Synagogue Beth Judah Symbol of Changing Times – Cape May County Herald

Posted By on August 19, 2017

WILDWOOD As the only active synagogue in Cape May County, Congregation Beth Judah in Wildwood, knows what it takes to not only survive changing trends in worship but to thrive.

As President Karen Burke explained, We are really focusing on our connection to the community. Truth be told, we have seen our numbers drop significantly but they are rebounding which is heartening, and we attribute that to doing more to get out the word to potential congregants. There is a really apt word in Hebrew for what we want to accomplish karema that means to move forward and make progress.

Burke sat in the serene worship area of the synagogue, its space bathed in light from several stained-glass windows with geometric designs.

Seating is on dark wood chairs with patina created over many decades, each marked by a small brass plaque in honor of a loved one.

Fifty years ago, this space would be filled so that would be more than 250 people. We have some families with members well into their 80s who have spent their entire spiritual lives at Beth Judah. Upstairs we also have additional seating, and unlike many synagogues, that area was not where women had to sit. Even though in the 1960s we could say the congregation was conservative leaning if not orthodox, we were egalitarian, and women and men sat together during worship.

Burke said she and others of the synagogue are working hard to devise better social media promotion and a website that will more accurately reflect the benefits of Beth Judah to changing preferences, and to think creatively, such as recruiting Rabbi Ron Isaacs who had recently retired from a synagogue in central New Jersey.

Our last bar mitzvah (Jewish coming of age ceremony for boys 13 years old; girls participate in a bat mitzvah) was at least two years ago.

"We do have some youngsters waiting in the wings to do this ceremony, so that will be new blood for our congregation.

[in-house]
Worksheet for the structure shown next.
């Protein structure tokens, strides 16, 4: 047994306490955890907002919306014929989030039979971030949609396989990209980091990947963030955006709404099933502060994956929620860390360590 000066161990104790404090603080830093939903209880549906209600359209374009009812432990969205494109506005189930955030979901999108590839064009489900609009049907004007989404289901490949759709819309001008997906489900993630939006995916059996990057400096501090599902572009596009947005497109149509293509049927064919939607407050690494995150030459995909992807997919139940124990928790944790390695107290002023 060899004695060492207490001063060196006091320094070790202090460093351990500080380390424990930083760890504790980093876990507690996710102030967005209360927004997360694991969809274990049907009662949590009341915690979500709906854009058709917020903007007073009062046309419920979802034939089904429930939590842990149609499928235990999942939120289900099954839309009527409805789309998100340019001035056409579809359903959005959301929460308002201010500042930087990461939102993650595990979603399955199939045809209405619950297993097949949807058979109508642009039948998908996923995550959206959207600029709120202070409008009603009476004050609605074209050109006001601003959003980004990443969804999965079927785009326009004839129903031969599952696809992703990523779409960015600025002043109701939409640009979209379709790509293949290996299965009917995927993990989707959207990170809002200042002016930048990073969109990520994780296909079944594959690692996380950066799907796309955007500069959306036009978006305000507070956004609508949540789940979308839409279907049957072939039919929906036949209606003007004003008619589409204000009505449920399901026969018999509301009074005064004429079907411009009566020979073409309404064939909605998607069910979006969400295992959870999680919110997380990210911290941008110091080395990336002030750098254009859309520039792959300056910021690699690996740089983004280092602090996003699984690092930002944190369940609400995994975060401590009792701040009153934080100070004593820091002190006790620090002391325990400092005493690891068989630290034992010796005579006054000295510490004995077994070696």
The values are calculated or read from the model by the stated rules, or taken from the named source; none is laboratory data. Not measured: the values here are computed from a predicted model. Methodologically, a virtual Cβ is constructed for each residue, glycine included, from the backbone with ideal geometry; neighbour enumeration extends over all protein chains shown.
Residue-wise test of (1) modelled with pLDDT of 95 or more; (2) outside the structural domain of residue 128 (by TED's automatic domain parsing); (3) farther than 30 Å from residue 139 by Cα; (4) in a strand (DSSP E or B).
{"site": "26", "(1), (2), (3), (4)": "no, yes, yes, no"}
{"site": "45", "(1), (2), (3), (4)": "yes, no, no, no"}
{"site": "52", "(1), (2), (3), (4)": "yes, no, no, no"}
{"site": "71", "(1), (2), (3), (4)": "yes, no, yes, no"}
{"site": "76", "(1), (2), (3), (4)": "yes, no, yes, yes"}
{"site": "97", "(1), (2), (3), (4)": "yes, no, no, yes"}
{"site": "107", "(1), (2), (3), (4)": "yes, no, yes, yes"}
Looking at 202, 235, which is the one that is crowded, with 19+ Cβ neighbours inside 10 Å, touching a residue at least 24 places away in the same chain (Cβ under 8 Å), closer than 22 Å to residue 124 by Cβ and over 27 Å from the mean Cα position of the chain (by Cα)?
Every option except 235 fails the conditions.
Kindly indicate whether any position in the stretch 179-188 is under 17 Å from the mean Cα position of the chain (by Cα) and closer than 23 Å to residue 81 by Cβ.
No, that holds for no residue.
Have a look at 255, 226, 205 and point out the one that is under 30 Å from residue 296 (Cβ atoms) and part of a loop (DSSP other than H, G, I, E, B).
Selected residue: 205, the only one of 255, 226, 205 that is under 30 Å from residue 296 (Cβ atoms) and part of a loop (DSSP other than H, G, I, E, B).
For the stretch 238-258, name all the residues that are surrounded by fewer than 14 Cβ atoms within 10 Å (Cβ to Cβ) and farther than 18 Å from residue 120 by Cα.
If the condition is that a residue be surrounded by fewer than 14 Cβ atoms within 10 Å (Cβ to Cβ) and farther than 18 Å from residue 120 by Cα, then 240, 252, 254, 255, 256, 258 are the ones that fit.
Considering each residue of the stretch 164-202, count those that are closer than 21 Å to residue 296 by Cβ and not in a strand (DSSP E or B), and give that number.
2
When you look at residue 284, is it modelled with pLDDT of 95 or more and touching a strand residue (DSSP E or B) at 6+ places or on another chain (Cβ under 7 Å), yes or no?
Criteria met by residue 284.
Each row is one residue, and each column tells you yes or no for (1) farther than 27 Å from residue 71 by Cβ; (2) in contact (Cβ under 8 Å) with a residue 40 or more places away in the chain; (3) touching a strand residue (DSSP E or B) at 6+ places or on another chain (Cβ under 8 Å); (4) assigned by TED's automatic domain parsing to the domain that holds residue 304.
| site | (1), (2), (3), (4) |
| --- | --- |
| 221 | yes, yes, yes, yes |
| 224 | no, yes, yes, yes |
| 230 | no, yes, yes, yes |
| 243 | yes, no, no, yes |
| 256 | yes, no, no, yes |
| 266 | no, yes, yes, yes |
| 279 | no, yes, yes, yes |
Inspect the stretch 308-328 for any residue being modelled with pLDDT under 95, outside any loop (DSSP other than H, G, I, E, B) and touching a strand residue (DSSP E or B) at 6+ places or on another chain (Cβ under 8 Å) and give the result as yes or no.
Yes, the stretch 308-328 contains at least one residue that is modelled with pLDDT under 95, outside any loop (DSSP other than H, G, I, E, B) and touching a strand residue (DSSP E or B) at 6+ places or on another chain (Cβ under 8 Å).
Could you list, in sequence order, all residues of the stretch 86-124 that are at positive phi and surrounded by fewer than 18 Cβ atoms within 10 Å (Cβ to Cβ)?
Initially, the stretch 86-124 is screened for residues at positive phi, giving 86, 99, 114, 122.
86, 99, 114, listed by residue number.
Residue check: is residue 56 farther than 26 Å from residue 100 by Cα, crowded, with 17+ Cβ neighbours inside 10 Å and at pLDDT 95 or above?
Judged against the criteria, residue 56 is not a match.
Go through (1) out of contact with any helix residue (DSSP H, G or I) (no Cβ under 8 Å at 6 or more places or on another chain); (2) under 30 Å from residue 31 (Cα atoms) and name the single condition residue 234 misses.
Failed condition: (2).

"We also are organizing some events such as our Succoth seder that will highlight the cultural aspects of Jewish life, Burke continued.

Beth Judahs history is a reflection of economic development in the county. It is also linked to the history of eastern European immigrants to the nation, many of whom found their way to the shore and nearby communities on the mainland, especially Woodbine.

In 1891, Baron Maurice de Hirsch, a wealthy German industrialist used his fortune from his business, banking and railroad endeavors to support the exodus of Jews persecuted by the pogroms of the Russian czar.

Through a multi-million dollar fun, he established for the purpose, about 5,300 acres of land were purchased in Dennis Township for settlement of those refugees with the area eventually evolving into what became the Borough of Woodbine.

These settlers lived in Woodbine in the winter and migrated to Wildwood in the summer. There, they pursued the better potential of business opportunities at the seaside resort.

The first religious service officially tied to Beth Judah, Rosh Hashanah, was held in 1911 at the home of a congregant with 10 families in attendance.

It is from that modest beginning that the congregation and house of worship known as Beth Judah developed into a magnet for those of the Jewish faith numbering hundreds of families by the late 1960s.

During the 1960s many Jewish families had businesses along Pacific Avenue where the synagogue is located.

"They had thriving commercial enterprises and were the backbone of the economy including during the summer. They lived above their stores and were the reason for the numerous programs the synagogue organized for all ages.

"With time, however, the next generation moved on to professional careers, and these businesses started dying out by the early 1980s, Burke said.

There is no doubt, concluded Burke, that the history of Beth Judah mirrors life, the ups, and downs, the good and bad. Just like many houses of worship, we are seeing challenging times, but our focus is to have a connection with individuals, whether members or visitors.

"We have an open-door policy, we welcome all, and I think we are a real treasure for the county and hope to be a destination for all those of the Jewish faith.

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Synagogue Beth Judah Symbol of Changing Times - Cape May County Herald

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